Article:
# Energy conversion efficiency of electric heaters is 95%? Shouldn't it be a 100%?

Gold Member
The excuse given to why energy conversion efficiency even exists, is because that some of the energy is converted to heat. Then how come in electric HEATERS not all the energy is converted to heat? To what does the rest of those 5% is being converted to?!?

http://img691.imageshack.us/img691/7126/heaters.jpg [Broken]

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## Answers and Replies

uart
Yes it should be approximately 100%. They're probably just being a bit conservative and allowing for some of the electrical energy being lost as heat outside of the room being heated (eg in the wires carrying the current to the heater).

Gold Member
I see, uart. Makes sense :) I actually had somewhat suspected this could be the answer, I'm glad to see it is the case. All makes sense now! Thanks!

vk6kro
Also there is useful heat and wasted heat.

The heater may waste a lot of energy just heating itself up.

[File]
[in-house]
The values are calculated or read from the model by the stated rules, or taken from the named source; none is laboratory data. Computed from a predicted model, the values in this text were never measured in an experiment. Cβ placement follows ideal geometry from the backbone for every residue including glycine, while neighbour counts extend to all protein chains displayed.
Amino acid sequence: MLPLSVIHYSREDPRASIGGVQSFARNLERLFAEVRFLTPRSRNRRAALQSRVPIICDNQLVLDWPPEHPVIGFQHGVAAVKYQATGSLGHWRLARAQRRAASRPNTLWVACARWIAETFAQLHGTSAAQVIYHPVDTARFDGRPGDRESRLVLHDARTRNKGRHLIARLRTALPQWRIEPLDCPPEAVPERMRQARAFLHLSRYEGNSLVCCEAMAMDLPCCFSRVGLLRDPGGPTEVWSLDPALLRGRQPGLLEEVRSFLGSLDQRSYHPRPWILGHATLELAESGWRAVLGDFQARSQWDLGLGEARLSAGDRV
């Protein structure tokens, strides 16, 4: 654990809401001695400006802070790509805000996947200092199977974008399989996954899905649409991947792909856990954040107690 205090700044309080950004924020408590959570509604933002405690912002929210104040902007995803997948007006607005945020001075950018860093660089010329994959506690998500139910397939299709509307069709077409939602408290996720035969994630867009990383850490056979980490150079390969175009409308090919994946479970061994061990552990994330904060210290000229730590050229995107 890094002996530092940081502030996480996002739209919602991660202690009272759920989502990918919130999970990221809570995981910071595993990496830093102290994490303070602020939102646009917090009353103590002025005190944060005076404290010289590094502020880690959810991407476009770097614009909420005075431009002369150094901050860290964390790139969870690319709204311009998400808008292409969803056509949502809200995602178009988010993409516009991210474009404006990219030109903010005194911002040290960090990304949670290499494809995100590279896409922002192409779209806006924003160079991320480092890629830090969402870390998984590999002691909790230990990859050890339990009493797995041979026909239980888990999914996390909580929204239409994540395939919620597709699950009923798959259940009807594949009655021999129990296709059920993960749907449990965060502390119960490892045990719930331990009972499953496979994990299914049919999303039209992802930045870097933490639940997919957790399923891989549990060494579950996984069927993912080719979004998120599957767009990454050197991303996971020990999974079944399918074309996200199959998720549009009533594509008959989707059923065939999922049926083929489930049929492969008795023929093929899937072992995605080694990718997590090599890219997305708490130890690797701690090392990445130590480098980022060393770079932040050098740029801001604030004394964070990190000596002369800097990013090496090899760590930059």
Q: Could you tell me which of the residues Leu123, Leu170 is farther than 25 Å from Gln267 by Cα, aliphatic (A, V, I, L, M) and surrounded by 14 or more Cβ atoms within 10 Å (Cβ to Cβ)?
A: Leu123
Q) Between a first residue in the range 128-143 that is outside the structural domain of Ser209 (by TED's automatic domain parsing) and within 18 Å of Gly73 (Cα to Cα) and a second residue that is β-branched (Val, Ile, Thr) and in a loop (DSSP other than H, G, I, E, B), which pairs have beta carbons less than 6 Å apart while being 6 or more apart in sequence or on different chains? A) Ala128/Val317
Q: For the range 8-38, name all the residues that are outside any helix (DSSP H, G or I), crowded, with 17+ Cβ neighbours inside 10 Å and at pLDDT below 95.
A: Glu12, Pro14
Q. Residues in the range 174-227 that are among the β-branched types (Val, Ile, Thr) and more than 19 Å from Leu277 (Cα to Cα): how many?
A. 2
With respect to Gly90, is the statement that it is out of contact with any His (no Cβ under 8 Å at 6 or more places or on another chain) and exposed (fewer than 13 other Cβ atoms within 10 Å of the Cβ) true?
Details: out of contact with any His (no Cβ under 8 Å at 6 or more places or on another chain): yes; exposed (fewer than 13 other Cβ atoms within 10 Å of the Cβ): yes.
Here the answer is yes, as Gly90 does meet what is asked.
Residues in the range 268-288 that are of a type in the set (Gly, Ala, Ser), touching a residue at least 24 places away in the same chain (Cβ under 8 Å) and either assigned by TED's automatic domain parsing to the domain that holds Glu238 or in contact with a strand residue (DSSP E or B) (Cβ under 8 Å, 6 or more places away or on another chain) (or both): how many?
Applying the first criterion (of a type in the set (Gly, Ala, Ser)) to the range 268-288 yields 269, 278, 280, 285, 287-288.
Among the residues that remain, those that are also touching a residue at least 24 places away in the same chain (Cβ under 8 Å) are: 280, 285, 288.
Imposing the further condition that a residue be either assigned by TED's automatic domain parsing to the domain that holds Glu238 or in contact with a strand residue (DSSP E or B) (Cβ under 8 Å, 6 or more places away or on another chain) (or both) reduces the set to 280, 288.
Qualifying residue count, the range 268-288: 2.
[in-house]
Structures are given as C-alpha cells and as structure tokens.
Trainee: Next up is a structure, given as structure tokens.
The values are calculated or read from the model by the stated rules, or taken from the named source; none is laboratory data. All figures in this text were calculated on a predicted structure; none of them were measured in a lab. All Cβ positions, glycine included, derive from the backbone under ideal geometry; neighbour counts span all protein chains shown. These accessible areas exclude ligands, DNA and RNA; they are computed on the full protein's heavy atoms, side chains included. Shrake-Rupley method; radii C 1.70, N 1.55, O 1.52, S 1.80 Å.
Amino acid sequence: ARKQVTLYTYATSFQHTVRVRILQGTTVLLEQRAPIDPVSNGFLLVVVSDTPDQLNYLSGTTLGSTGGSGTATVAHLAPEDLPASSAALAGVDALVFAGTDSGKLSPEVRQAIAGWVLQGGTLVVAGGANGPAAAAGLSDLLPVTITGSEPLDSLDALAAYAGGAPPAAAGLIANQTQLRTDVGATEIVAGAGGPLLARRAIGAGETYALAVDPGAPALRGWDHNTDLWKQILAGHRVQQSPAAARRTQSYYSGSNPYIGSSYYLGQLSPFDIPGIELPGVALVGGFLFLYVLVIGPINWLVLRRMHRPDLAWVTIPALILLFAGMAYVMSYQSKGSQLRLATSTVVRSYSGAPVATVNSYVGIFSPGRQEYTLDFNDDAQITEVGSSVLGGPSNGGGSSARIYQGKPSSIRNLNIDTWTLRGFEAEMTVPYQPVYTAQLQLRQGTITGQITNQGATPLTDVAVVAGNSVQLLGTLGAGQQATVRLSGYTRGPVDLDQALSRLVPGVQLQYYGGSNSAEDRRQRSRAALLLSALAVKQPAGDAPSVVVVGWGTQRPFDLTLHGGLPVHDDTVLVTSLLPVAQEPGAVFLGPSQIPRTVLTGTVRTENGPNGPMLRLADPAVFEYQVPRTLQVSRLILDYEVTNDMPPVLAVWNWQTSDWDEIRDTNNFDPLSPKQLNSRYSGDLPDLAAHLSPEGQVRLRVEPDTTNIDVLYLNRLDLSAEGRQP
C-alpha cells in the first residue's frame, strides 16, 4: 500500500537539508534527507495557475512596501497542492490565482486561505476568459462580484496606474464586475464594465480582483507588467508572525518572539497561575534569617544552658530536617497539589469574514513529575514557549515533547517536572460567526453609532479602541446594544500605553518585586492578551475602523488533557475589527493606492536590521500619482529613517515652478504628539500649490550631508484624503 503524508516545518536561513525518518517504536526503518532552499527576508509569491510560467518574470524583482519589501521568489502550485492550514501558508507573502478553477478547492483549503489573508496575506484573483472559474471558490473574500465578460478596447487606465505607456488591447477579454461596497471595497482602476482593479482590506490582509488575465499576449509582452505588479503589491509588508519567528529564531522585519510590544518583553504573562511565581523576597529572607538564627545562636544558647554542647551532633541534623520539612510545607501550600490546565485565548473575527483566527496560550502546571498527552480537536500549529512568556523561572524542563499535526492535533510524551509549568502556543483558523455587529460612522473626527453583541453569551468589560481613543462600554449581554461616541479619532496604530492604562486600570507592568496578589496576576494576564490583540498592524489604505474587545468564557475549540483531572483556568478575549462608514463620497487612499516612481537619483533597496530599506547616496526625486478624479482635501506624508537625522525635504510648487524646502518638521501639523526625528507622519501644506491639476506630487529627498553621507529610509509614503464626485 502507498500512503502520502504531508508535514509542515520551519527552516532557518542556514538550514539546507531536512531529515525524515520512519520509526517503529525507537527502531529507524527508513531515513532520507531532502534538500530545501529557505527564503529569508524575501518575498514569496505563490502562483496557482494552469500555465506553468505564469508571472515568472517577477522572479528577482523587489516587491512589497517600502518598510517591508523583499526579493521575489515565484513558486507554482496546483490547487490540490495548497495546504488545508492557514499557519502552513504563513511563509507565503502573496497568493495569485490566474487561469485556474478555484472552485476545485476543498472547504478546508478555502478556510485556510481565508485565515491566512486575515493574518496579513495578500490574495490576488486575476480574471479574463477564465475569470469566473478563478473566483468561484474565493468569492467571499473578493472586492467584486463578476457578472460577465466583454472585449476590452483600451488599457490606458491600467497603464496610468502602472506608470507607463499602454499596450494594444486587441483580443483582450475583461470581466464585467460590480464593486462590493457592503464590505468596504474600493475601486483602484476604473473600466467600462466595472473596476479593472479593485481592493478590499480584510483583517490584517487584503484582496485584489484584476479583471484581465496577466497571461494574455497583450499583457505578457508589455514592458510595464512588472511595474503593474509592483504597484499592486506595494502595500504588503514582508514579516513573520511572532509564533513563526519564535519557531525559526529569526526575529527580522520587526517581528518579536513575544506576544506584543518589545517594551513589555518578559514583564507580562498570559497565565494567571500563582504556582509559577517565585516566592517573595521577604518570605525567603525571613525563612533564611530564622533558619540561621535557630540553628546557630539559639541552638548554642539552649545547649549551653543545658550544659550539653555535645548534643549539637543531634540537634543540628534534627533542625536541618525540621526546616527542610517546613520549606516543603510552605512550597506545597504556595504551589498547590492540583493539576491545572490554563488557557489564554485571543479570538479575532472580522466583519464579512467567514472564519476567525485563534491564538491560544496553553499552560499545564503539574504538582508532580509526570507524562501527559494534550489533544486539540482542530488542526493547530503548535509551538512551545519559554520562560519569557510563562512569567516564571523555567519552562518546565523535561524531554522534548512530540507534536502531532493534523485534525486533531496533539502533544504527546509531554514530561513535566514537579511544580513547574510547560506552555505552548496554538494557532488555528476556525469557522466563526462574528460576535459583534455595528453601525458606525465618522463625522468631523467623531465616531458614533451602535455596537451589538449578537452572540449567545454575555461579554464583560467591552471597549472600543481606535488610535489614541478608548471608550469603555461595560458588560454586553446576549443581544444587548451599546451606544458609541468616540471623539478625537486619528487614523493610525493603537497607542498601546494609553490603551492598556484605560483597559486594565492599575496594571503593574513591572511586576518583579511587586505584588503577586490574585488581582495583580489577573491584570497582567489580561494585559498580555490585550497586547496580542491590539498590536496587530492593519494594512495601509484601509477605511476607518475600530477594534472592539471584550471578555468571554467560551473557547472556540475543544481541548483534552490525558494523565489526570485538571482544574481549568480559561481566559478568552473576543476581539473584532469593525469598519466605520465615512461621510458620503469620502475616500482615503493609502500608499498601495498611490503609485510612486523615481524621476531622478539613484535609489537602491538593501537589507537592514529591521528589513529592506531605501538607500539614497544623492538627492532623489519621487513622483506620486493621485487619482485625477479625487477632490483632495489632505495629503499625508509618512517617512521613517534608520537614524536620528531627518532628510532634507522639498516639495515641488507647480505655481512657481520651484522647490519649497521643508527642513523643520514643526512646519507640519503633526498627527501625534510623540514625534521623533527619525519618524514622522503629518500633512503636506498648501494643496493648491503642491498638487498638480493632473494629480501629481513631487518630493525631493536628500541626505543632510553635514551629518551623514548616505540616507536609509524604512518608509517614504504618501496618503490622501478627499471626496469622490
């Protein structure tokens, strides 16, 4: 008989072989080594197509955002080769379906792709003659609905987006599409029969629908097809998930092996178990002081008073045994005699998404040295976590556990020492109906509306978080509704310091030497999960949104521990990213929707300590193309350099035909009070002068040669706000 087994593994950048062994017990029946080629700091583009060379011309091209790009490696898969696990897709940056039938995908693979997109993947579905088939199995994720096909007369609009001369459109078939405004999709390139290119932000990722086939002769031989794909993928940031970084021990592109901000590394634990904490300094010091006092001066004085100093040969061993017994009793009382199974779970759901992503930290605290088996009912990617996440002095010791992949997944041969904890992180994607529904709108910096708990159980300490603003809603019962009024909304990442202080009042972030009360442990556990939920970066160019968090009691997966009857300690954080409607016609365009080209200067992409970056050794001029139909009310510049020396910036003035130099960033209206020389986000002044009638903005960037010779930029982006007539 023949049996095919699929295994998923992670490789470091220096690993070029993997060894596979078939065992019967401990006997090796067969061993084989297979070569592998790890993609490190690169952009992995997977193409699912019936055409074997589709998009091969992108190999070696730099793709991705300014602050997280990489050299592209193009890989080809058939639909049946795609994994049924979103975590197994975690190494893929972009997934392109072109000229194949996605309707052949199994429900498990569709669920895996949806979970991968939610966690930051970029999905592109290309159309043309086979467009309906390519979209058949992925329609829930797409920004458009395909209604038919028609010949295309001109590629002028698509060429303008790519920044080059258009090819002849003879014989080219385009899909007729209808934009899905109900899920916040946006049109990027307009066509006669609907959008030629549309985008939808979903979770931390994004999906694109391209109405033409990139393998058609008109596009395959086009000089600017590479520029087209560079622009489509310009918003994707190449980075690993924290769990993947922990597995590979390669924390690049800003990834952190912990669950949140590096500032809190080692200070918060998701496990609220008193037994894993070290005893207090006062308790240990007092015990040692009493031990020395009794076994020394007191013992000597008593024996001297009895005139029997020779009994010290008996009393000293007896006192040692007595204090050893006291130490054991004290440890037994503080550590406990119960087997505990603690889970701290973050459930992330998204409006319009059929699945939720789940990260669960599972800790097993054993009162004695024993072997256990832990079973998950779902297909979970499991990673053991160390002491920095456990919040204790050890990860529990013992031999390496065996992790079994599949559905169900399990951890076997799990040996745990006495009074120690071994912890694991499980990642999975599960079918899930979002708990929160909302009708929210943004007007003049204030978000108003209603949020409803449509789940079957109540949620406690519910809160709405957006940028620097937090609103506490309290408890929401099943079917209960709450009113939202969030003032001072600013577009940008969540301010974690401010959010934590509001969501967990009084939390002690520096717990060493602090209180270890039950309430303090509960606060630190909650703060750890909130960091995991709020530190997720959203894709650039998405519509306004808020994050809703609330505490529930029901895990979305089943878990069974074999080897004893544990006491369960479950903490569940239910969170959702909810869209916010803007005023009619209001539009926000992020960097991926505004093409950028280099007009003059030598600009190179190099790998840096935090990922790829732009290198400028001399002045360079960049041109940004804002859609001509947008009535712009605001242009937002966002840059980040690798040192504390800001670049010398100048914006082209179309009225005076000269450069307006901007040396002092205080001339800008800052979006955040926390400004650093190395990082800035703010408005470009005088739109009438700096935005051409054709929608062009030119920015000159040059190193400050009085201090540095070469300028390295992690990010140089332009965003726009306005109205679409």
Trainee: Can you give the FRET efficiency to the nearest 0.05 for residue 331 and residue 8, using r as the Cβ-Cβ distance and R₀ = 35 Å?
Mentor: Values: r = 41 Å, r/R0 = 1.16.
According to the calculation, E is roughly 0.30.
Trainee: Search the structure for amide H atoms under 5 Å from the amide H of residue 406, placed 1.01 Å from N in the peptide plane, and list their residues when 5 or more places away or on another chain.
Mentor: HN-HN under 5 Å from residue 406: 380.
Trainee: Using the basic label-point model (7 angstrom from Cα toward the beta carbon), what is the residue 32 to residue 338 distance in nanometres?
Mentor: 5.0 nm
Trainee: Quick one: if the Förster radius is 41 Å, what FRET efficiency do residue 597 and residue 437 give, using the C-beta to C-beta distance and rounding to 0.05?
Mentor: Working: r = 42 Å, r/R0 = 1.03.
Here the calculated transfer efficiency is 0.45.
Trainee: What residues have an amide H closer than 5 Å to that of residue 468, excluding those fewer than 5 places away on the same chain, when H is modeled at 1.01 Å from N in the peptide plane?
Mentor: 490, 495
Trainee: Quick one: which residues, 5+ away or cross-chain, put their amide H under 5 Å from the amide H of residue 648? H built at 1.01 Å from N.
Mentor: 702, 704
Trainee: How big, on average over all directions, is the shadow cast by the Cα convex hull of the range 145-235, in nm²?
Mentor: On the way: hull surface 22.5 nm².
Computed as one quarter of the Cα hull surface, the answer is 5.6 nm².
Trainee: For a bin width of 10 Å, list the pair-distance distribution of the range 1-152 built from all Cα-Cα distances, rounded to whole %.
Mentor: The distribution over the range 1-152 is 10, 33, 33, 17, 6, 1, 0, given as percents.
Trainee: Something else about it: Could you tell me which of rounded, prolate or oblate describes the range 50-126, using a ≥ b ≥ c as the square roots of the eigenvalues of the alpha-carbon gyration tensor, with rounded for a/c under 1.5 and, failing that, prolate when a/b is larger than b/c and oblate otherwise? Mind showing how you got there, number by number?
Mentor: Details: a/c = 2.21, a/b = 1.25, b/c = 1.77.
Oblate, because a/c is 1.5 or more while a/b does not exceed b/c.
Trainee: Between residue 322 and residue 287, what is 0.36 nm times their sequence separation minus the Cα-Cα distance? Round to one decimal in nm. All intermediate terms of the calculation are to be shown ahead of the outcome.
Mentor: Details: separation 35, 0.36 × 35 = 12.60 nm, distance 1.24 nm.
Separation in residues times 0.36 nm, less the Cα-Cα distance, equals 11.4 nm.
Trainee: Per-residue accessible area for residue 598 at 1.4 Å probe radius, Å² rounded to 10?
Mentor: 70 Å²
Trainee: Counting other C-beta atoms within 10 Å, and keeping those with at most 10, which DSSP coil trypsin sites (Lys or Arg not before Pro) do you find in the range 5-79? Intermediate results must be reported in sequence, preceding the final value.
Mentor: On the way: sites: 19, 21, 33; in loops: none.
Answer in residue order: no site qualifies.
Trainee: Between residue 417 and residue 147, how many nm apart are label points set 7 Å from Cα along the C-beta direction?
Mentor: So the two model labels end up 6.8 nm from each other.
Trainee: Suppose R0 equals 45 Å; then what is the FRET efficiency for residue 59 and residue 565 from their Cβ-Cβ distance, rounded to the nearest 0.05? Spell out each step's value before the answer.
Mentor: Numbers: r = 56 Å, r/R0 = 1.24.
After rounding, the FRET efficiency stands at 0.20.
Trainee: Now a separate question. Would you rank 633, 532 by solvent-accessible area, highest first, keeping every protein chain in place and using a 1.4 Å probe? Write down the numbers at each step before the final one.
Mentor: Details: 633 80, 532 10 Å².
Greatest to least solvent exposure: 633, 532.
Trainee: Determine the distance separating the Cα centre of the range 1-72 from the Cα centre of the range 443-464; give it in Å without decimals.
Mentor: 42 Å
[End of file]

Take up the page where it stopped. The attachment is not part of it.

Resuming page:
There may be a fan to blow hot air to the outside of the heater and this takes power.

There may be control circuitry and digital displays of temperature and time. These use power.

Water heaters often make noises as the water is brought up to temperature. This is sound energy.

Heat may escape through the heater to the outside of the building if it is wall mounted.

So, that 5% seems like an understatement.

MATLABdude
You also frequently get waste light energy as well, since many elements glow. Come to think of it, the oft-cited figure for the efficiency of an old-school light bulb is 5% light energy, and 95% heat energy!

uart
Guys, remember that most of those "losses" you speak of will actually still convert back to heat within the room, and thus do not necessarily detract from efficiency.

Take the blower electric motor for example. It's not 100% efficient but where do the losses go - into heat within the room. At the energy that is converted to moving air will generally be "randomized" back to heat as it moves through the room. Sure there might be tiny amount of sound energy that escapes the room but this is miniscule (and even so much of this will be absorbed by soft furnishings etc and convert back to heat before it can escape the room anyway).

Take the EM component (IR and red light) from a glowing "radiator" type element. Again this will be mostly absorbed within the room and thus converted to heat, particularly if the radiator is appropriately situated within the room. Sure if you had a radiator type element pointing directly out of a non-curtained window then you would loss a lot of radiant energy, but normally you would never position a radiant type heater in this manner.

vk6kro